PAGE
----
Helpful Tips On Painting A Wooden Summer House

Consideration was given for the editing and publication of this post.

A summer house is an important place that can be used in many ways ranging from home office to guest room. So, you need to maintain it properly and should update its walls from time to time with quality paint.

Painting a timber house is a great way to bring colour into your outdoor space. From the modern country to shabby chic, you can make the most of your investment by protecting the log cabin.

Here are some tips on painting a wooden summer house.

Take a look!

Painting Preparation

For most summer houses, log cabins, and log offices, you need preparation before you start painting. Before applying the fresh coat of paint on timber, prepare it by removing uneven surfaces and by applying primer on it.

Also, coat the end grains of wood that are under the doors to prevent the water from soaking. Priming the knots of the timber to prevent the resin from moving out.

It is very important, especially for the ceiling and the walls. With this, the walls of the summer house will absorb the paint evenly and looks beautiful as well.

Impregnating

Treat your log house with impregnation, which provides an undercoat for both inside and outside the house. It will protect the summer house from fungi, rot, and harmful UV rays as well.

When you apply the undercoat, all the crannies and nooks will get a protective coating and increase the life of the summer house. For impregnating, you will get a choice in colours and types like liquid or spray.

Choosing The Right Paints

The timber house to be exposed to a variety of weather conditions, therefore choose the paint accordingly. Choose the colour that reflects your personality and improves the overall look of the exterior and the interior of the time house. Also, make sure the paint is heatproof, waterproof, and non-toxic.

Mistakes To Avoid

  • Do not wash the rollers

Try to avoid washing brush until you finish the timber painting completely. Instead, wrap the painting brush or roller in tin foil and place it in the fridge. This will protect the paint from drying out, and you can easily continue with it the next day.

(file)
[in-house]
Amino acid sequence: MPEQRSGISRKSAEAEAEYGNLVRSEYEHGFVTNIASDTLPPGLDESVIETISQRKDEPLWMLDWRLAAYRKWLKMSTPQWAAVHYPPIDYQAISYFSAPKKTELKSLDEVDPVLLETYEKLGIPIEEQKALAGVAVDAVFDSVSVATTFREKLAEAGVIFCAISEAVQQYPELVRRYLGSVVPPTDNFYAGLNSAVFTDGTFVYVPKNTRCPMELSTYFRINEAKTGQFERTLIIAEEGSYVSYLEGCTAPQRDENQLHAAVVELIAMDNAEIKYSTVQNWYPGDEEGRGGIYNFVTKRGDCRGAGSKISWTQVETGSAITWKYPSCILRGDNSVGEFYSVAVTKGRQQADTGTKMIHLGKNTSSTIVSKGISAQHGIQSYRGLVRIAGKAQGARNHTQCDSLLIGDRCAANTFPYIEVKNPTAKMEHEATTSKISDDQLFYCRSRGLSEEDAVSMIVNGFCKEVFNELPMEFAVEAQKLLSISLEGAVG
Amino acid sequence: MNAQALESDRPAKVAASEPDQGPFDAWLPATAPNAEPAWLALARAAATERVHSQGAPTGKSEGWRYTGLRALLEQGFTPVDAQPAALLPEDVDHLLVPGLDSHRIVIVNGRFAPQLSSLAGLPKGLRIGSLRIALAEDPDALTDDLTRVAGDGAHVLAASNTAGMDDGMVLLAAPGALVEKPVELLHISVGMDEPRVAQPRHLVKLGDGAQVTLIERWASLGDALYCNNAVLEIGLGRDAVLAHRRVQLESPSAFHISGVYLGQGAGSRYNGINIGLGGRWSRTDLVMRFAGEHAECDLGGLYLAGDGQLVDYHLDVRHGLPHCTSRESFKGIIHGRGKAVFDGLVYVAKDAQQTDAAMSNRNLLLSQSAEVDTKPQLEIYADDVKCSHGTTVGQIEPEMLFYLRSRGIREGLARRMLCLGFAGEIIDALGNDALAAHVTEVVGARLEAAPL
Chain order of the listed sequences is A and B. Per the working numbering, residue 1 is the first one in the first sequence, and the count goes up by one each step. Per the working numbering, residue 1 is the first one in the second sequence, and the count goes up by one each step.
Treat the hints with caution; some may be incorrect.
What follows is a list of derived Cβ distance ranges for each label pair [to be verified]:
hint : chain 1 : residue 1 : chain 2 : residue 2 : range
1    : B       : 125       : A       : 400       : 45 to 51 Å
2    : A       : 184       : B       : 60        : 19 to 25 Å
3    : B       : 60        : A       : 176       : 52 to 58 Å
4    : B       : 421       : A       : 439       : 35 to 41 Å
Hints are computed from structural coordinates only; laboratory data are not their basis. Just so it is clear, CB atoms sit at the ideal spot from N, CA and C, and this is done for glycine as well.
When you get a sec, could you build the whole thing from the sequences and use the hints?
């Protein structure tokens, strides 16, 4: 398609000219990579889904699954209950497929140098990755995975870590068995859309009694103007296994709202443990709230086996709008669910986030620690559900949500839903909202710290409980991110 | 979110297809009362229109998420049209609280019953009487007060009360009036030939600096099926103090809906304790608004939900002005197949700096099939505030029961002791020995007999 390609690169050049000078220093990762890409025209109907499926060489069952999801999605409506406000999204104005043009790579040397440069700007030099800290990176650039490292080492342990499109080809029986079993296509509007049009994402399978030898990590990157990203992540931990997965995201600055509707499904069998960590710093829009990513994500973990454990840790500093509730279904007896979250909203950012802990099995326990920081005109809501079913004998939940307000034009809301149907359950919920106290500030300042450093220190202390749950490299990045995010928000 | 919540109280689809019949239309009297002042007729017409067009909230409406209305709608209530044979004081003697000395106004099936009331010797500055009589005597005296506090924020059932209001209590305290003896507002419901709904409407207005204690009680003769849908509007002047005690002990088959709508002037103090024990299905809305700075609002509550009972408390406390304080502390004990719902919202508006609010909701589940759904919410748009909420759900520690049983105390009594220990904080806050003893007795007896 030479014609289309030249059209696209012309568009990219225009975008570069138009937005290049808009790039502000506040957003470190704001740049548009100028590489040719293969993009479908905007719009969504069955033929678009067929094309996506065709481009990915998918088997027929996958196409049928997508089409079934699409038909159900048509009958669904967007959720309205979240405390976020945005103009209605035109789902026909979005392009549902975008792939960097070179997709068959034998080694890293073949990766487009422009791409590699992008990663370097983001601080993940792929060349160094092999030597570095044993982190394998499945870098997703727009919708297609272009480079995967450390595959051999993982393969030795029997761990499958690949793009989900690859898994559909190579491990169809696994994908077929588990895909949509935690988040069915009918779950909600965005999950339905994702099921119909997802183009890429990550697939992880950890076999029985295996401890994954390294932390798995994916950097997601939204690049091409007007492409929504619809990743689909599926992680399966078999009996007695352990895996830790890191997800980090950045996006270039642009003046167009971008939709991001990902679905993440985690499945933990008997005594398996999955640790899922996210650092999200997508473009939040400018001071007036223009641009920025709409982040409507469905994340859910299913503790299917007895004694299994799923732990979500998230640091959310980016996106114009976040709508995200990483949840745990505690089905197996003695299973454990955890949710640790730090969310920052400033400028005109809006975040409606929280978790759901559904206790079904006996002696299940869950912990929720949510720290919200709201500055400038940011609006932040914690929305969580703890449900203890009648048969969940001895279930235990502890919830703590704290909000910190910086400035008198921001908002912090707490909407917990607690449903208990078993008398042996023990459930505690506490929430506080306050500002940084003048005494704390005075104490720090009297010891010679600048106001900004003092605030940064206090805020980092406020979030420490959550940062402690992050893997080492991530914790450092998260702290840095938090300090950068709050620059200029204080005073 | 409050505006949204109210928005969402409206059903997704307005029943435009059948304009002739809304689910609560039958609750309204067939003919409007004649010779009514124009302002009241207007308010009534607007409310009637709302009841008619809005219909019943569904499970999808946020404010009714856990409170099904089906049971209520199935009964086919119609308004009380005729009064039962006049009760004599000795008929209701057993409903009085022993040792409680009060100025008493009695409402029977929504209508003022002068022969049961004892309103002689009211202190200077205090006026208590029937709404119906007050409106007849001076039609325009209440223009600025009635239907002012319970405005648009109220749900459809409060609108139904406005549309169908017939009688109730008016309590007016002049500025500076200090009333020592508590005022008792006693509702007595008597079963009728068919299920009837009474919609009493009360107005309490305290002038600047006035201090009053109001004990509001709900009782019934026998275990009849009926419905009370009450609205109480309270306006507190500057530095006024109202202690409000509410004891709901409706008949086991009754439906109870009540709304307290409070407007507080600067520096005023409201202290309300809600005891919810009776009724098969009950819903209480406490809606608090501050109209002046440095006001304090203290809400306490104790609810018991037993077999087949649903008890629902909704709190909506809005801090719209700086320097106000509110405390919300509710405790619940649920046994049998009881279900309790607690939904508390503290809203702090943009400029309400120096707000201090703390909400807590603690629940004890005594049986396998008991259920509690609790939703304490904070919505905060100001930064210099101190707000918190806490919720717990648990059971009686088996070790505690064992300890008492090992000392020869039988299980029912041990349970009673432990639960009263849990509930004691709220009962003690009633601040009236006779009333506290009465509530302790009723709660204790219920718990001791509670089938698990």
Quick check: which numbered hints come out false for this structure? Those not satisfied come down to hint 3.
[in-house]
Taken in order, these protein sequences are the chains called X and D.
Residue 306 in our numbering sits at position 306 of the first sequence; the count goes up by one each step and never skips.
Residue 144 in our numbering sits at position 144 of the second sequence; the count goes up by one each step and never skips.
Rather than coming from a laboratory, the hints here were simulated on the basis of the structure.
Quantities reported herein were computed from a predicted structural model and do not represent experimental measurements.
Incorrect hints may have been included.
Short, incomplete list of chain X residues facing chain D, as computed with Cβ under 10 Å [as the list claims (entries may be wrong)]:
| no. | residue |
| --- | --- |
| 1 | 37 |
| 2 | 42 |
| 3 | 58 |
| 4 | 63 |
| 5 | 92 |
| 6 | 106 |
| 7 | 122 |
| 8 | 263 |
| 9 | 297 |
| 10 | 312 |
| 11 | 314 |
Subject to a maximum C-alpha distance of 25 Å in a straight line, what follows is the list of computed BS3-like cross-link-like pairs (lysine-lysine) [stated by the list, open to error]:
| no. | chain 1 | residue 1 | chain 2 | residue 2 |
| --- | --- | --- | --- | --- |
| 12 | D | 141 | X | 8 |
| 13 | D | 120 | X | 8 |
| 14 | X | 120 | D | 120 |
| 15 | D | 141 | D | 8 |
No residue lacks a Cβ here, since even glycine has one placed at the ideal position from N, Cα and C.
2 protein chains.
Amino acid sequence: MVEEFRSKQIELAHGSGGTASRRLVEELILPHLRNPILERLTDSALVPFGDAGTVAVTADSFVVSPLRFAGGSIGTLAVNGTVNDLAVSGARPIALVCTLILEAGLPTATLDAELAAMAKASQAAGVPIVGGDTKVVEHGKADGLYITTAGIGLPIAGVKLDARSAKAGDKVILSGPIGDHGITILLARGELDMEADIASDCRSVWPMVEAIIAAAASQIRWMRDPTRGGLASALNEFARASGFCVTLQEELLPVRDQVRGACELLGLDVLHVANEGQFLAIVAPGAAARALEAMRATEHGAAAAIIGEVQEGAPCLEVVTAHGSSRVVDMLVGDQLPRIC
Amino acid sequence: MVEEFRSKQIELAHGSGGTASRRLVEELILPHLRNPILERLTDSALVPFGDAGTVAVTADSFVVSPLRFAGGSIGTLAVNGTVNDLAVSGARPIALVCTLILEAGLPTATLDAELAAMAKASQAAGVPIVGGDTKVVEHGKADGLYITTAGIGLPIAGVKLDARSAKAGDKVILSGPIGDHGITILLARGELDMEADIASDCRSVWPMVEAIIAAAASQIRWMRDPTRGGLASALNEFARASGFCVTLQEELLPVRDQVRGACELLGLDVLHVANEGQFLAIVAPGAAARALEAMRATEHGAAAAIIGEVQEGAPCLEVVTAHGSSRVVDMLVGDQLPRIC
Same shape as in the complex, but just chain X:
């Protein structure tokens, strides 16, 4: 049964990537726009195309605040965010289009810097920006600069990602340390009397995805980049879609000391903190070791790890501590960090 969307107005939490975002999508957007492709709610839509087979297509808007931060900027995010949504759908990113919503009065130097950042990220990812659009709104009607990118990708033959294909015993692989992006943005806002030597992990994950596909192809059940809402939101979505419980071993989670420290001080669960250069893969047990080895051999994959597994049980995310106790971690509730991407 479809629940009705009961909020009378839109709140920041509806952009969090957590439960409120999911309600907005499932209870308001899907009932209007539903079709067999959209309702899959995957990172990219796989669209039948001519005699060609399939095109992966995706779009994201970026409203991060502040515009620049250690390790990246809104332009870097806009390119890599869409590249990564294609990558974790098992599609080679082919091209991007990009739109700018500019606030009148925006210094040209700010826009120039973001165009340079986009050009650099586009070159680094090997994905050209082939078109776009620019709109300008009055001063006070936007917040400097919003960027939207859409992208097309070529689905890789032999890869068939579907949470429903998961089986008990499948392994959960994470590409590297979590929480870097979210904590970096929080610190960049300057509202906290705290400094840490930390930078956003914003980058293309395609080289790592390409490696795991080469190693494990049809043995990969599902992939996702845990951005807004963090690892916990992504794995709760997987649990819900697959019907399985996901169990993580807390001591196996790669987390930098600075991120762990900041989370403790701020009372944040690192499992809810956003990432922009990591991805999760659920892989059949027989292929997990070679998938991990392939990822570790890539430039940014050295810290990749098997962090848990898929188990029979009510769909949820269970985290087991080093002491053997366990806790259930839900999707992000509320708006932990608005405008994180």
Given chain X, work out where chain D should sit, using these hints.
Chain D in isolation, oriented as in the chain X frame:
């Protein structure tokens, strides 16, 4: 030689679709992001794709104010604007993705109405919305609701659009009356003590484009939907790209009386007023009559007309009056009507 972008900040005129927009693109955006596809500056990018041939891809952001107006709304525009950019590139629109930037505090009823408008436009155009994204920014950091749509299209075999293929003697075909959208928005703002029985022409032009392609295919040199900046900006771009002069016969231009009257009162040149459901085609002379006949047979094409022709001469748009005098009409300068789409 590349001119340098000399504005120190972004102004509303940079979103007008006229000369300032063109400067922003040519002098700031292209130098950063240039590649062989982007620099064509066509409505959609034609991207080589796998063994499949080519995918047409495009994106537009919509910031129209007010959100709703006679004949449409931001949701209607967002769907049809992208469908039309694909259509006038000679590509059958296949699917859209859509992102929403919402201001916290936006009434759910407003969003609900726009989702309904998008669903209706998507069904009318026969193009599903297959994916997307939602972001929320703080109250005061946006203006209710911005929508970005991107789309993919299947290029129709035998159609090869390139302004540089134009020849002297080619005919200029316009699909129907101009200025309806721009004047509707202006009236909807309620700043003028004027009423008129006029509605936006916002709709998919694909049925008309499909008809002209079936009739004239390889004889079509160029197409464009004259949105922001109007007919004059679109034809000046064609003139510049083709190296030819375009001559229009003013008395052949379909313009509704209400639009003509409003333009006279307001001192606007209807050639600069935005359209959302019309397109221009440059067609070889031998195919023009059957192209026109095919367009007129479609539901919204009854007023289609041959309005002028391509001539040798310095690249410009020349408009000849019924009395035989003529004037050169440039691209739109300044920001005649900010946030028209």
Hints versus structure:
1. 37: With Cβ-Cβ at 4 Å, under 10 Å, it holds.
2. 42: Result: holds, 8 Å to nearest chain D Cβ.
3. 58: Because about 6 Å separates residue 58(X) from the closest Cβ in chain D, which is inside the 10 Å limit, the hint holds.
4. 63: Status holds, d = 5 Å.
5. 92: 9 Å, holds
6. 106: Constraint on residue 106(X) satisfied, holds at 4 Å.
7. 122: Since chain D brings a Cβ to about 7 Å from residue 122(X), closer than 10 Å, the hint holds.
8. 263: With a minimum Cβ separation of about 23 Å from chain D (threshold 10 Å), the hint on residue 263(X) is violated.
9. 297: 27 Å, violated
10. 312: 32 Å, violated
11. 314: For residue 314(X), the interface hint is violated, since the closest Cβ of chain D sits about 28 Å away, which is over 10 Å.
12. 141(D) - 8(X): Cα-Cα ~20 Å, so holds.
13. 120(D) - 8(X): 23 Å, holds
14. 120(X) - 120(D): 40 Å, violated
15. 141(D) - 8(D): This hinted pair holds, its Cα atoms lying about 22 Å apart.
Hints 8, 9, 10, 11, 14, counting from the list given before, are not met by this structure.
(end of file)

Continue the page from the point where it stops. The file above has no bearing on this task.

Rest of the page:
• Never remove the tape before the paint is dry

First, cover the edges of the door and windows with tape and do not remove them until the paint is dry.

If you remove the tape before the paint is dry, then it may stain the wall and damage the finish. Also, when you remove the tape, do not pull it off as it may flake the dried paint. Remove it slowly and carefully.

 

Final Words

If you have a wooden house and want to upgrade its exterior, then take help from the above tips to paint it. By painting the log cabin with quality products, you can improve its look and life as well.

Further, with the right wood paint, you can create a beautiful looking summer house that can be used for years by you and your generation.

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Fairlinch Camping in Braunton

If you’re thinking of coming camping in Braunton next Summer then check out Fairlinch Camping in Braunton. Cheap, straightforward (run by a local farmer) and very handy for the surfing beaches of Saunton and Croyde.

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River Caen being contained…

AboutBraunton has a picture of the River Caen this morning slightly flooding one bank but thankfully still being contained by the flood garden.

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We are moving to www.AboutBraunton.com

Welcome to the Braunton Village Website which was set up as a wonderful community resource by Barrie Kissak back in 1999. With Barrie’s kind permission, this site is going to be merged with www.AboutBraunton.com to form what we hope will be Braunton’s main community information website and resource. For the moment, we are continuing to publish Barrie’s content on this site. For more information on Braunton, what it has to offer and what’s on, visit www.AboutBraunton.com.

Barrie’s front page

BRAUNTON, one of the largest villages in the West of England and reputedly the largest in England, lies in the North West of Devon, overlooking Barnstaple Bay. It is two miles from the sea and through the centre runs the Caen Stream a tributary of the Taw. It took its name from the Goidel saint, Brannock, who came from South Wales as a missionary and converted the native Britons to the christian faith in 550 A D.Brannock was a priest in the household of Brychan, king of Brencknock. He married one of the king’s daughters, but the family troubles were a great incentive for leaving his royal home. At that time the Welsh Britons often raided their Dumnoni neighbours on the opposite side of the Bristol channel.
In all probability Brannock came to North Devon on the occasion of such a raid and is said to have landed on Saunton Sands at the mouth of the river Taw.
The Estuary of the Taw and Torridge was wooded in those days. As also was a portion of Braunton Borrows. Here lived a tribe of Britons and Brannock settled among them, soon establishing a strong christian community. A christian church, the first North Devon was built at a spot near where the Caen stream began to spread its waters on the Alluvial alnds around the river Taw.

The township, that grew up around this church, he named Brannockstood, which later became Brauntona and at the end of the nineteenth century, Braunton. Many of the older villagers would tell you that they lived in Branton just as those of a neighbouring village today say they lived in Ham.

 

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